Hitoshi Nomura, Tardiology, 1968–69, one of eight digital C-prints, each 31 1/2 x 47 1/4".

Hitoshi Nomura, Tardiology, 1968–69, one of eight digital C-prints, each 31 1/2 x 47 1/4".

Hitoshi Nomura

Hitoshi Nomura, Tardiology, 1968–69, one of eight digital C-prints, each 31 1/2 x 47 1/4".

IN THE FALL OF 1968, I conceived of a sculpture called Tardiology, which would be a twenty-six-foot-tall freestanding tower made out of cardboard. I exhibited and photographed it outside the Kyoto Municipal Museum of Art in March 1969.

I had been taught that sculpture was about three-dimensional forms made from timeless materials. However, in observing the disintegration of the cardboard packaging around an early Plexiglas sculpture of mine some months before making Tardiology, I witnessed the creation of an unplanned form shaped by weathering, gravity, and time. This both troubled and intrigued me.

By photographically documenting the collapse of Tardiology over the course of four days, I began to explore what I had experienced, and it was some months before I realized the implications for my methodology as an artist. The simple act of periodically recording the demise of the cardboard tower registered changes in the structure over time that would otherwise have gone unnoticed. I realized then that time itself was my subject and that transmitting and disseminating its presence through different media was my art.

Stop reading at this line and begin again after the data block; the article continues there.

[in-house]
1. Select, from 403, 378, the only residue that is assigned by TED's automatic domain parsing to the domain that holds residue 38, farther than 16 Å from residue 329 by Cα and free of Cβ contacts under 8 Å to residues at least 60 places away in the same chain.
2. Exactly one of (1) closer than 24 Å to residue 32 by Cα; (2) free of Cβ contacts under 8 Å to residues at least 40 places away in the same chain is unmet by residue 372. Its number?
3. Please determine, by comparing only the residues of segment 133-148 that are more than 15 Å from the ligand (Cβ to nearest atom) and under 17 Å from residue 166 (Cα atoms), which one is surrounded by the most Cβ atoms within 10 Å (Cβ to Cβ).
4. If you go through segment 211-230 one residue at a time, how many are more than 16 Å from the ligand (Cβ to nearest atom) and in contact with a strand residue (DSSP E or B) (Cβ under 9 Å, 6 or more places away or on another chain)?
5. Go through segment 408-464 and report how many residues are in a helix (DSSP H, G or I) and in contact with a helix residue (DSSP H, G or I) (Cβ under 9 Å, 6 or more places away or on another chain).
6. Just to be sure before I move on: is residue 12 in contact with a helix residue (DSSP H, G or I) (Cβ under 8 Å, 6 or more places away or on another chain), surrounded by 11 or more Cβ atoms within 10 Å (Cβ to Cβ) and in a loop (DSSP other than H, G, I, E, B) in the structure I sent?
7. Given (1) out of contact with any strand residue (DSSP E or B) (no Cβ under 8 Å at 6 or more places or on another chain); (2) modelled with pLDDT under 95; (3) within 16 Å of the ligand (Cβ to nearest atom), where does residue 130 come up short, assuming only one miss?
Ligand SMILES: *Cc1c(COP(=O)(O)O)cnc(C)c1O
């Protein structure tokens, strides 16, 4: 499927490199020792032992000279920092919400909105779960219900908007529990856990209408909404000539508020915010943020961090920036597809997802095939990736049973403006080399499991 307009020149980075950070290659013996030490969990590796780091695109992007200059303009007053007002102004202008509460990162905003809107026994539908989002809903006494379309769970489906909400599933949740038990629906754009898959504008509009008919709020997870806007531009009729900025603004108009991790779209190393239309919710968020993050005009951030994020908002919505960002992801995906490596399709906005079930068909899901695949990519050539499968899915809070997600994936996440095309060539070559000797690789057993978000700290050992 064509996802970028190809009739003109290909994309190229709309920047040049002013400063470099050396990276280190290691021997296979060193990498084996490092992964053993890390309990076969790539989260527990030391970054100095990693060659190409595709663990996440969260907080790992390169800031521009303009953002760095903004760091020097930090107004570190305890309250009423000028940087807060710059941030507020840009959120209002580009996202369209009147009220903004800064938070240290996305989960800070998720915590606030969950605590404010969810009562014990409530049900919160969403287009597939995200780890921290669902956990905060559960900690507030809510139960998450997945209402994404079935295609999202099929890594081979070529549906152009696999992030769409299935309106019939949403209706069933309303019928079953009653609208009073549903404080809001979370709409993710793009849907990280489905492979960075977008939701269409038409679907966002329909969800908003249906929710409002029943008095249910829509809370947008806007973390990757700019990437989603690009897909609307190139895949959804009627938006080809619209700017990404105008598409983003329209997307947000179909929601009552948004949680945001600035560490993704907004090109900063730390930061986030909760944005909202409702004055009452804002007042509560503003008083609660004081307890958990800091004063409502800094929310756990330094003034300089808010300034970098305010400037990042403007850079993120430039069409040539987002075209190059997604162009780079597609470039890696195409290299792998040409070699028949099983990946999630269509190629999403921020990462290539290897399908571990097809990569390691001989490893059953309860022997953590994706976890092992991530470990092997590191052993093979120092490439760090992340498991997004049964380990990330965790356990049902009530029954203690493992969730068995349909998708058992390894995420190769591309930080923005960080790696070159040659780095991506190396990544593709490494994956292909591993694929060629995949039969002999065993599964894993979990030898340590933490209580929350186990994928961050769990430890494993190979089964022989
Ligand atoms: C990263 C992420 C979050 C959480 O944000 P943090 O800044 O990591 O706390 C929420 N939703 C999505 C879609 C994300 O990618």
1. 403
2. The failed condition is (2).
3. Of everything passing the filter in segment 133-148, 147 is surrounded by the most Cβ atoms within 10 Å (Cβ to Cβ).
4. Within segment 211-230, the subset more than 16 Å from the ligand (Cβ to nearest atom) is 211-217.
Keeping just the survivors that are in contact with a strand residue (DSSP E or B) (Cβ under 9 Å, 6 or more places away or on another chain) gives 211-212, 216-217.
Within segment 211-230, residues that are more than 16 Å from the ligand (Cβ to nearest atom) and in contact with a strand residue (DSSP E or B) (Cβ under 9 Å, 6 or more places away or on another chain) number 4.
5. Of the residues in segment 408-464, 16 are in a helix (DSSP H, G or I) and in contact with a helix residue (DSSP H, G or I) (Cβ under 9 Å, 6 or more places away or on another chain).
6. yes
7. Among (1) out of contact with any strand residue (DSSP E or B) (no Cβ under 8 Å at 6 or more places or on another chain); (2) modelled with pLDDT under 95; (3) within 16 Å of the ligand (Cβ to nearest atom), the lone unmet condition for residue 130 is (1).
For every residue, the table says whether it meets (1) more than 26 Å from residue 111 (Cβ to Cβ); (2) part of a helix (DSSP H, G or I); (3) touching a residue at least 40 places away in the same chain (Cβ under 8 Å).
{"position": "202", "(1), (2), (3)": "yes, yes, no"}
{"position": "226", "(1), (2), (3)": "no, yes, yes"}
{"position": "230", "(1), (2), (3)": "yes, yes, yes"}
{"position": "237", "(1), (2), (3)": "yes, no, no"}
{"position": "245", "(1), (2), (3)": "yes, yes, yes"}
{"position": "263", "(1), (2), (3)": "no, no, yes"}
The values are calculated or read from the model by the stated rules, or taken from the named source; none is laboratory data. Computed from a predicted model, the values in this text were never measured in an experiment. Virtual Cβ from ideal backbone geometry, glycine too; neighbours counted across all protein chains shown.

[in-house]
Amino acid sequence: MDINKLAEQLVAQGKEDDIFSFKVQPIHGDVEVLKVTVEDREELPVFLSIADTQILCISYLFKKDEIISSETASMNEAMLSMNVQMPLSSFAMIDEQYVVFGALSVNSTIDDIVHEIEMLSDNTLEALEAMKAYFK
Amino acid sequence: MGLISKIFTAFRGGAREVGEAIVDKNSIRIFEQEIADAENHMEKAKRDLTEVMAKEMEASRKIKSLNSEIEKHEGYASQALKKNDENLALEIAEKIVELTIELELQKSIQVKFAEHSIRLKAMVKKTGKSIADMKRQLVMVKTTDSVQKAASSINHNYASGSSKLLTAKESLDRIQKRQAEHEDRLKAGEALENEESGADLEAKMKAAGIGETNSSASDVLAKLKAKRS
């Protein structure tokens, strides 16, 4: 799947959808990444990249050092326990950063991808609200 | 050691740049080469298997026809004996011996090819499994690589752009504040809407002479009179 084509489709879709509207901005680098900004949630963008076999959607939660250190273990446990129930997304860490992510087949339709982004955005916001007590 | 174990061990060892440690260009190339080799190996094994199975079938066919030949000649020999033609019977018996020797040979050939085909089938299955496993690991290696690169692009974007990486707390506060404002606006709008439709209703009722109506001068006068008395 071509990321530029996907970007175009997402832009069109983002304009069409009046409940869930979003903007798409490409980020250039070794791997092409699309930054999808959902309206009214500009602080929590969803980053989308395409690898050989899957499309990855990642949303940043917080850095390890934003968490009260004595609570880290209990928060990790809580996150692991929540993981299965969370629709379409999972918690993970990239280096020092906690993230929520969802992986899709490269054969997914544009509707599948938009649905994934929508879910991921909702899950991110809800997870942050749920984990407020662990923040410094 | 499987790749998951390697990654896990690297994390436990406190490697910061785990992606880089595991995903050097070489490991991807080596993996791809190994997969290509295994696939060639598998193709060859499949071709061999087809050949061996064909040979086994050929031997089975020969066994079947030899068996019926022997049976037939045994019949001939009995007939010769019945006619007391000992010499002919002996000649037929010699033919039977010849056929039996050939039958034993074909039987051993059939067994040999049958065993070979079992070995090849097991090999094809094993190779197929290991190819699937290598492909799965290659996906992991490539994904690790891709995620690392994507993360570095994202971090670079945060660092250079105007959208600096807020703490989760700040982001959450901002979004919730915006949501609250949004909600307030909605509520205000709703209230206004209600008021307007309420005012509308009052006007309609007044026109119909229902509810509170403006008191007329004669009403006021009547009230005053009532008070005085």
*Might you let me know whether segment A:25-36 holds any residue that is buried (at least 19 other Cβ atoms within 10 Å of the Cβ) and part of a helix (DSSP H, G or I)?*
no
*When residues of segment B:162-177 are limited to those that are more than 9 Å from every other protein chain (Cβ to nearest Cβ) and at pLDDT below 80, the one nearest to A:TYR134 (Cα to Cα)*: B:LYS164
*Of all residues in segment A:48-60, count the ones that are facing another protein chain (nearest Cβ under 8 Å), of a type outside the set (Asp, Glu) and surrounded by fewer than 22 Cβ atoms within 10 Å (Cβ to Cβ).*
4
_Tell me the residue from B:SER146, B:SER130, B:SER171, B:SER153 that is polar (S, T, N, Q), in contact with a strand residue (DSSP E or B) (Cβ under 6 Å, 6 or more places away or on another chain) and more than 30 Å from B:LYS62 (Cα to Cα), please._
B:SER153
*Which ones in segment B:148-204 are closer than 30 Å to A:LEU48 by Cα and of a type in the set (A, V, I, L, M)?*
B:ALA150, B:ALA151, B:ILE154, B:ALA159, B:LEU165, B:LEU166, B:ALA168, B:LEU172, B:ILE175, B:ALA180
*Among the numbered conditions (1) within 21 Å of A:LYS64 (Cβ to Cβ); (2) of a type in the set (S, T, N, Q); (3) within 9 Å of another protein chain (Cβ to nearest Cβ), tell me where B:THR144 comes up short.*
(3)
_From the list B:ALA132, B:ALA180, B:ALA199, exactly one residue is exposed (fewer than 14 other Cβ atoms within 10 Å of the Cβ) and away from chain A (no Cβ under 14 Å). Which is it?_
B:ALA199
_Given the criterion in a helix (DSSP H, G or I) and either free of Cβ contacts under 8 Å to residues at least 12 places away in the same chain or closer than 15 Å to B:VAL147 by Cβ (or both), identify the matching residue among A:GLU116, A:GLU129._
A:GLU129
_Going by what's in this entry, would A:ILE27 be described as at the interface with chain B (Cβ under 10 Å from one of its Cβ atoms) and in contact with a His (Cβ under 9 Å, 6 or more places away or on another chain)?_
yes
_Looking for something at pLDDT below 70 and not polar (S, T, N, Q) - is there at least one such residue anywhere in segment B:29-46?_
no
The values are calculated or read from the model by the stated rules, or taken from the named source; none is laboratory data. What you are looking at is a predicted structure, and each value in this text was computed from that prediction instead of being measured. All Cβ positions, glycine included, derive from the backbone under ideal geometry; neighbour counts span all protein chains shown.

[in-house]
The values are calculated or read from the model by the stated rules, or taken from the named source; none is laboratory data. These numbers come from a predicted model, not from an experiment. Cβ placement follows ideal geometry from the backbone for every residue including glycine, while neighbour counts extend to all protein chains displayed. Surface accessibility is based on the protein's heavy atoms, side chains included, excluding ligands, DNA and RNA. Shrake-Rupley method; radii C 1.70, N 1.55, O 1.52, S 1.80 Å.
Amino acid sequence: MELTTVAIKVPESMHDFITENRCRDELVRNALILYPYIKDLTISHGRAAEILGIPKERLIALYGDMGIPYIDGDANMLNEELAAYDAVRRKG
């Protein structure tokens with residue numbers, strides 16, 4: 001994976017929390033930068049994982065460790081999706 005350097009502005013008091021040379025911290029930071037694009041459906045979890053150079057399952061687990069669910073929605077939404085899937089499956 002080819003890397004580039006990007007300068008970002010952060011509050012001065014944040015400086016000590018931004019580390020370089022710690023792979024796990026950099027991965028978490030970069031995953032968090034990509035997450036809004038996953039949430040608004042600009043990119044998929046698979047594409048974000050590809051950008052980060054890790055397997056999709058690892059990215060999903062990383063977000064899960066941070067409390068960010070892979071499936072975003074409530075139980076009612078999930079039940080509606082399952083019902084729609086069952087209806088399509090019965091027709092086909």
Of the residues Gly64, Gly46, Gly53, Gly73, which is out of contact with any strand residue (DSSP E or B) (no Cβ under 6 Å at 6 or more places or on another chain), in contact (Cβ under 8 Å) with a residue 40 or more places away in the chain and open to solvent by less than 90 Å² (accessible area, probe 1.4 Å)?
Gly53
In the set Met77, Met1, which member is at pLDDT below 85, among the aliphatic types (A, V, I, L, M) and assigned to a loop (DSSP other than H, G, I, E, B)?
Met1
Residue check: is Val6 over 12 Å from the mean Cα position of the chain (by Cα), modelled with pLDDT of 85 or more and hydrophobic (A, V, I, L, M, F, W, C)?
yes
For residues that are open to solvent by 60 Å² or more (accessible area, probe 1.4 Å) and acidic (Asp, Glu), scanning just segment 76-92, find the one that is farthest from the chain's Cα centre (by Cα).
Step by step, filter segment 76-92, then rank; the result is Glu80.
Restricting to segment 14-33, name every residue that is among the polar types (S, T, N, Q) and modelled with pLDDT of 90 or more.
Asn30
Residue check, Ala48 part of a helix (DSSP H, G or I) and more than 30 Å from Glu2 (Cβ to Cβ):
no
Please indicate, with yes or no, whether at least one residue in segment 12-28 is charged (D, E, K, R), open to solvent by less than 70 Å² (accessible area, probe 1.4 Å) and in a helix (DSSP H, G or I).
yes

The arrow of time moves forward relentlessly, and this is registered in planetary motion no less than in natural phenomena. We live in a four-dimensional world (one-dimensional time and three-dimensional space), and I wonder how time itself will develop over time. Given these interests, I have often turned to new technologies in my work, and my application of science has evolved by extension. My choice of media is driven by these factors.